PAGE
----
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In recognition of decades’ worth of service to teaching and research, Professor David Pijawka has been awarded the Distinguished Professional Planner Award by the American Planning Association’s Arizona Chapter. The award, presented during the chapter’s annual conference on Oct. 26, celebrates the latest achievement in Pijawka’s remarkable career.
Pijawka started his career at Arizona State University in the mid-1980s in the School of Public Affairs, where his teaching and research focused on environmental planning and policy, public policy, and hazards management. Pijawka then joined the School of Urban Planning and Landscape Architecture, which ultimately merged with ASU’s geography program in 2009 to create the School of Geographical Sciences and Urban Planning. In this newly formed school, Pijawka helped to develop the undergraduate and Master of Urban and Environmental Planning programs, assisted in the establishment of a new PhD in Urban Planning program, and has helped usher more than 60 students through their master and PhD efforts as an adviser.
“David’s input and impact is felt throughout our planning program,” said Trisalyn Nelson, director for the School of Geographical Sciences and Urban Planning. “From his guidance of our students to the development of program curriculum, our successes are thanks in large part to his incredible contributions to our school and the planning field. He is an innovator and an early proponent of themes like urban sustainably and resilience, and very deserving of this award.”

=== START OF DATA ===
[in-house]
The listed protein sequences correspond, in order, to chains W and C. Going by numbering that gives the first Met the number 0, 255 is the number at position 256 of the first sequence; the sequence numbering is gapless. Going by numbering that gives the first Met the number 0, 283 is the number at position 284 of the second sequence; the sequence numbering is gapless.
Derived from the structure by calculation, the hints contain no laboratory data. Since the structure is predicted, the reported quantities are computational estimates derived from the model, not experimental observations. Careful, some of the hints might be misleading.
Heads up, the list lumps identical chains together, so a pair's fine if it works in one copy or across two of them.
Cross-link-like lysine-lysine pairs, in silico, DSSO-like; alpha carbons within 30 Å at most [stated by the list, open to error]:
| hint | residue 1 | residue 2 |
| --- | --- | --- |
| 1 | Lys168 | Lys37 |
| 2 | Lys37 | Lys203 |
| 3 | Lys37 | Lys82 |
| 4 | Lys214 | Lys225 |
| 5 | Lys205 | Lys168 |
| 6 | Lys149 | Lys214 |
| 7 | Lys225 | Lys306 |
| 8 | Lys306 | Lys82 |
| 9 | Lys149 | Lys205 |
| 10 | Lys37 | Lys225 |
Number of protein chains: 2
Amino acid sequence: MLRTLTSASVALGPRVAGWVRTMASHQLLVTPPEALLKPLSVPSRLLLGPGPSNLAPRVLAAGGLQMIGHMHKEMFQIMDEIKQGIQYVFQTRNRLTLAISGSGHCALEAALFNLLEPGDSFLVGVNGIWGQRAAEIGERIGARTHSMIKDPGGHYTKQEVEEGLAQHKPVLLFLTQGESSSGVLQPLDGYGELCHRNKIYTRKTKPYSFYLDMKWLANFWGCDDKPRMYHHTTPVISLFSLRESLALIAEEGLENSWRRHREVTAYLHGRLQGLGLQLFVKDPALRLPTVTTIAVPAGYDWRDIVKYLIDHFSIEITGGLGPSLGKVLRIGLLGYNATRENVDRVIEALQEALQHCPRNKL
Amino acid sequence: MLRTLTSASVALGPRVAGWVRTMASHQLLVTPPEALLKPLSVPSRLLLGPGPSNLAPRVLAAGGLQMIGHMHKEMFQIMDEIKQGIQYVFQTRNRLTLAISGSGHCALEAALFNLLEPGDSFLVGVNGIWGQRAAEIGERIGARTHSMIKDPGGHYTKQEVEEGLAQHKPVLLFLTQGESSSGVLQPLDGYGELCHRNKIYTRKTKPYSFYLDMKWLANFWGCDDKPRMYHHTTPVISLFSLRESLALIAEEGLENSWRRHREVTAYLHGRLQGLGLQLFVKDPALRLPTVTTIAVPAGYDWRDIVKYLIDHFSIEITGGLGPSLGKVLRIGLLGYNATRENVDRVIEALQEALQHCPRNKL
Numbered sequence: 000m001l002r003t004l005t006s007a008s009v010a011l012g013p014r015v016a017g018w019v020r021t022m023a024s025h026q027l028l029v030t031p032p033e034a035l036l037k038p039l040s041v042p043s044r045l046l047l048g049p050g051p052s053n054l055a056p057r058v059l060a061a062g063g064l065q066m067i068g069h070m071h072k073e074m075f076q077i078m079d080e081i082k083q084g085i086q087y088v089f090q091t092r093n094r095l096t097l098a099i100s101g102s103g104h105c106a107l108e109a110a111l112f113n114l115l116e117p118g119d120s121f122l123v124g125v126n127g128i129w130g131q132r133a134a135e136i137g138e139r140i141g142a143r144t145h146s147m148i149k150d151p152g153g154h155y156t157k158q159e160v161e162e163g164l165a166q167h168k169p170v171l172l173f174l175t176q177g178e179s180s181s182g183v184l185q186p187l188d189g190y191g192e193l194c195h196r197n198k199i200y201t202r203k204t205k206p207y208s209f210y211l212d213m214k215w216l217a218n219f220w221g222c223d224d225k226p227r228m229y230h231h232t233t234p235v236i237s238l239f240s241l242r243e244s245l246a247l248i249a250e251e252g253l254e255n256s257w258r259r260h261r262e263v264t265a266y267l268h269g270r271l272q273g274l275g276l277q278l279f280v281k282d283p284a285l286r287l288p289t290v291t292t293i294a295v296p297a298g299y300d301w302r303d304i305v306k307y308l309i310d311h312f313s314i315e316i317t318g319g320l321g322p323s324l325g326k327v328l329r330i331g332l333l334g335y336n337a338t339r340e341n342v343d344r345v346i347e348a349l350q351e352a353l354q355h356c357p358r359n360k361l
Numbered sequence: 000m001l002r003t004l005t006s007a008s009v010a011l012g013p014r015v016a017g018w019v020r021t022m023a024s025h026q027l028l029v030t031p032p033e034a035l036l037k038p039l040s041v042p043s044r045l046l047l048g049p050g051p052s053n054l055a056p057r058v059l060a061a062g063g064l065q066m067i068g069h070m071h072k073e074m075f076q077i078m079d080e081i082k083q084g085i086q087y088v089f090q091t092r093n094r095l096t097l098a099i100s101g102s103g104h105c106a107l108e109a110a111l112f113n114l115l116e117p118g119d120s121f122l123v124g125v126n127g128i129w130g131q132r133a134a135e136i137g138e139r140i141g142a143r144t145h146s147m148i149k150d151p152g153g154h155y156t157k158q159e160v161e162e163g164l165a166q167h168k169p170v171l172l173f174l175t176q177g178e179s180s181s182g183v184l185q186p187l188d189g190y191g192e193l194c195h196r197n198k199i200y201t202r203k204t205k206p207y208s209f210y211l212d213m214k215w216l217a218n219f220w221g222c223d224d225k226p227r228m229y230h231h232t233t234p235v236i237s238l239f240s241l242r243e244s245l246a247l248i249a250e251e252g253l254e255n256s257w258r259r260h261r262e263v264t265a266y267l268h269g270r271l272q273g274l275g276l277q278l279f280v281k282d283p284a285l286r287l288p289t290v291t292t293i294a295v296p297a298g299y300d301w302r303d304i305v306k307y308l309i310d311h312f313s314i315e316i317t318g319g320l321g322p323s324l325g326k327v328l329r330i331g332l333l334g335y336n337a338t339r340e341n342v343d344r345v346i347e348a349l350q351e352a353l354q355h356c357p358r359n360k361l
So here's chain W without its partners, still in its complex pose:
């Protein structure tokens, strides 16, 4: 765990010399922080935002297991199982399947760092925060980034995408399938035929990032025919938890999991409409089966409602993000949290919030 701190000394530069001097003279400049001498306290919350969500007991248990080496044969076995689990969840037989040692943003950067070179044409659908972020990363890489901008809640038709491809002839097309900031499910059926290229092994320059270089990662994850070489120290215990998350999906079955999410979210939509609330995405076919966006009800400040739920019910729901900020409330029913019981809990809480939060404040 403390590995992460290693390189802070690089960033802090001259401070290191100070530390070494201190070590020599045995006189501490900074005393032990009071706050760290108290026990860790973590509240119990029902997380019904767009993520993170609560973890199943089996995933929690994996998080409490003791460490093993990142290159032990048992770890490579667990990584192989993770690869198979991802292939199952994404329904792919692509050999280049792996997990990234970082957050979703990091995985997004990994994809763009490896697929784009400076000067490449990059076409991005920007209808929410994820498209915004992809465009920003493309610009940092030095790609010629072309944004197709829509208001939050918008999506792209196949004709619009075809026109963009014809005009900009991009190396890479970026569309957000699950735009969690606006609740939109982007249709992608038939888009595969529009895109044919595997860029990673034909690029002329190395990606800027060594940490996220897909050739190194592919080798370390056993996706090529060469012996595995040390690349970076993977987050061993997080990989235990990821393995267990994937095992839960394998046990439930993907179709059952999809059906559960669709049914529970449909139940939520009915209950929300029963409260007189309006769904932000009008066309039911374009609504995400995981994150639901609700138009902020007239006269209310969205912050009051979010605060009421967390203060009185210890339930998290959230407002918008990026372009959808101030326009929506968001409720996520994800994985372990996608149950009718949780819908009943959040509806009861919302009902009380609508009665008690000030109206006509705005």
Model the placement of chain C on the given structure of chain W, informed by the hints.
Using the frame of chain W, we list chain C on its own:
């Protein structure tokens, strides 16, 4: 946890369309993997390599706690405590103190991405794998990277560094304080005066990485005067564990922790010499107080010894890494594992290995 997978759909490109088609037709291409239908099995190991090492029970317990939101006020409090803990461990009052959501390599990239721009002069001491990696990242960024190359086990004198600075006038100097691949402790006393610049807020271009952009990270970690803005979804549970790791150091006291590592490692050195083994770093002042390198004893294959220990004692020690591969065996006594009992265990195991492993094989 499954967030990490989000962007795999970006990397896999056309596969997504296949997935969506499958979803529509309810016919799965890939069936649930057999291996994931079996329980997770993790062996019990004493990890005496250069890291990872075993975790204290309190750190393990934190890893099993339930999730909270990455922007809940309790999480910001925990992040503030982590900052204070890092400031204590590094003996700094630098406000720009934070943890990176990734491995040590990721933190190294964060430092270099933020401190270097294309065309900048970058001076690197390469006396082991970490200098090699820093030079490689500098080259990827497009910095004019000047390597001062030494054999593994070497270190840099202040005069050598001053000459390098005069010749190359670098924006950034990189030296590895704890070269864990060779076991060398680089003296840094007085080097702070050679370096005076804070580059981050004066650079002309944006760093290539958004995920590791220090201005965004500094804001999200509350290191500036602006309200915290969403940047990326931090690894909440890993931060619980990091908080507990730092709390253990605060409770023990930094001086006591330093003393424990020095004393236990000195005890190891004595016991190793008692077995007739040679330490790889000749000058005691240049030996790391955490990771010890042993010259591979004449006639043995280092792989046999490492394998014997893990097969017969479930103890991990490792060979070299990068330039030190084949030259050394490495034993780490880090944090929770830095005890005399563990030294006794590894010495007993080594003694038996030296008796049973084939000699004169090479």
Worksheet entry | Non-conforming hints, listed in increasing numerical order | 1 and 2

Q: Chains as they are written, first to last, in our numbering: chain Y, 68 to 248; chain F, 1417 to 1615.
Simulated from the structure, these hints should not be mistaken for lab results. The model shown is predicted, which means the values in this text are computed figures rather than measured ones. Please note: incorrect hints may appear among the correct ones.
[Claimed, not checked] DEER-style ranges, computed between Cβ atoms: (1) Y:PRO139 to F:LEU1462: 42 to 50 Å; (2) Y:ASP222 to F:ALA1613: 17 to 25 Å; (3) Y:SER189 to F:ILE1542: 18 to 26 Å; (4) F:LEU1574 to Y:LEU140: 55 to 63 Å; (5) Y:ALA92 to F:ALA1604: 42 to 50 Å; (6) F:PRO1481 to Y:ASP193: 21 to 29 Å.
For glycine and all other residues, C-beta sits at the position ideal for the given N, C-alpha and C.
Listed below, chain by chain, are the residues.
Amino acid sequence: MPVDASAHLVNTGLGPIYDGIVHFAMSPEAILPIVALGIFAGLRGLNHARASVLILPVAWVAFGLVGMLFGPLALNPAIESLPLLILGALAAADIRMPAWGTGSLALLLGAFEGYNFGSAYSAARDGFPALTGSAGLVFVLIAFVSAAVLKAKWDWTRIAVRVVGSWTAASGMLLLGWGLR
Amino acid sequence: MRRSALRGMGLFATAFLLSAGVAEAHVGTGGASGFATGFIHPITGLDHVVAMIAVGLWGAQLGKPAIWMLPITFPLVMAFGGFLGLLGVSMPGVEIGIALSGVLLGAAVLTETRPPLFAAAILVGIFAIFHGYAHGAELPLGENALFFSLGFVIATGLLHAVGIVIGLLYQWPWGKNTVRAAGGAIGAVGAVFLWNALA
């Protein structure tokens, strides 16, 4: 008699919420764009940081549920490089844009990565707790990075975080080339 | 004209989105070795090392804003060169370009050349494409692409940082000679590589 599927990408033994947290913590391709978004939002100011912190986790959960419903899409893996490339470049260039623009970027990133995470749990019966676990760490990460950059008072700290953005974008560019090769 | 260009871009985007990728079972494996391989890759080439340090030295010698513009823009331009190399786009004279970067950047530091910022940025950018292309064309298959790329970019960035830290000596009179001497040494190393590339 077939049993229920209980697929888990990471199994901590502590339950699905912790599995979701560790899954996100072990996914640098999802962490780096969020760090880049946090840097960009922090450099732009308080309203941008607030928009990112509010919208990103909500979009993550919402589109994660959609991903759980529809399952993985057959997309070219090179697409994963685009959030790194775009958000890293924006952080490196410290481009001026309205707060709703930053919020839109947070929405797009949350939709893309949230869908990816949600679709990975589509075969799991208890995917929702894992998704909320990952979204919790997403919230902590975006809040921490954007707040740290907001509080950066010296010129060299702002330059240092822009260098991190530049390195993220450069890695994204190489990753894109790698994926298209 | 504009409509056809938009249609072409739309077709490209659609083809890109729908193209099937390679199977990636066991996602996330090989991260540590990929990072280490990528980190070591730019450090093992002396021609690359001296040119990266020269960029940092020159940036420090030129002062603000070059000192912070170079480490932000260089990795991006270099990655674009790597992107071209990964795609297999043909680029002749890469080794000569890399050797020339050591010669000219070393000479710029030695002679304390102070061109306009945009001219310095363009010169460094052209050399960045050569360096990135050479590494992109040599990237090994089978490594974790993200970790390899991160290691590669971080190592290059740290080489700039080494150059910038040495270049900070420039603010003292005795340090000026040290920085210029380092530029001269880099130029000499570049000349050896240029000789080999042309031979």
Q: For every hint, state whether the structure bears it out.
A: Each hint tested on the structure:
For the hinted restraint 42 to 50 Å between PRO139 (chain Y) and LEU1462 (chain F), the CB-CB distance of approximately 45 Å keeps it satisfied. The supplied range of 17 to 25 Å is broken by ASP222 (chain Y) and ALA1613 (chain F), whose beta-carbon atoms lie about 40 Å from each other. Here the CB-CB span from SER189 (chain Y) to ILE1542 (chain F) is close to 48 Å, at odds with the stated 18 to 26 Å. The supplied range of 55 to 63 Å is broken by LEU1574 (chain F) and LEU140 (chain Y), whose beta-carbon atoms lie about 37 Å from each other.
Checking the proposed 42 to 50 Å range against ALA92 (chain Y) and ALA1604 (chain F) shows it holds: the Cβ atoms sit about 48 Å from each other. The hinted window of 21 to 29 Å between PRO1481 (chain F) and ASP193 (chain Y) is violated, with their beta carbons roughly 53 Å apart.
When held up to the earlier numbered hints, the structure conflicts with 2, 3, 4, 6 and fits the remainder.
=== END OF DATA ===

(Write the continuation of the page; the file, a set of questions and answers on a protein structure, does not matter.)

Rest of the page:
Pijawka’s pioneering research in areas like urban sustainability and resiliency is widely recognized nationally and internationally. Pijawka's research also includes sustainable planning and design, disaster management and recovery, environmental justice and Native American community planning. His work in sustainability, specifically, has brought forth opportunities to speak on the subject around the world and has earned him the position of senior sustainability scientist with ASU’s School of Sustainability.
According to Pijawka, his professional and research pursuits were motivated by the desire to “improve living conditions for everyone, eliminate poverty, push for social justice and security, and make cities that provide these attributes ‘livable.’” Driven by his personal experience of being born in a refugee camp only made these qualities of a city all the more important to Pijawka.
With so many years dedicated to research and teaching, Pijawka is delighted in what he sees looking back on his career.
“Seeing the implementation of your work and ideas into an improved reality where environment, cities, place is enriched, improved, safer and happier is wonderful,” he said.
He continues to draw inspiration for more opportunities to teach and research each year as new students arrive.
“New students wanting to learn, wanting to change their environment is inspirational,” he said. “Imparting knowledge to the next generation and making your presence felt cannot be matched.”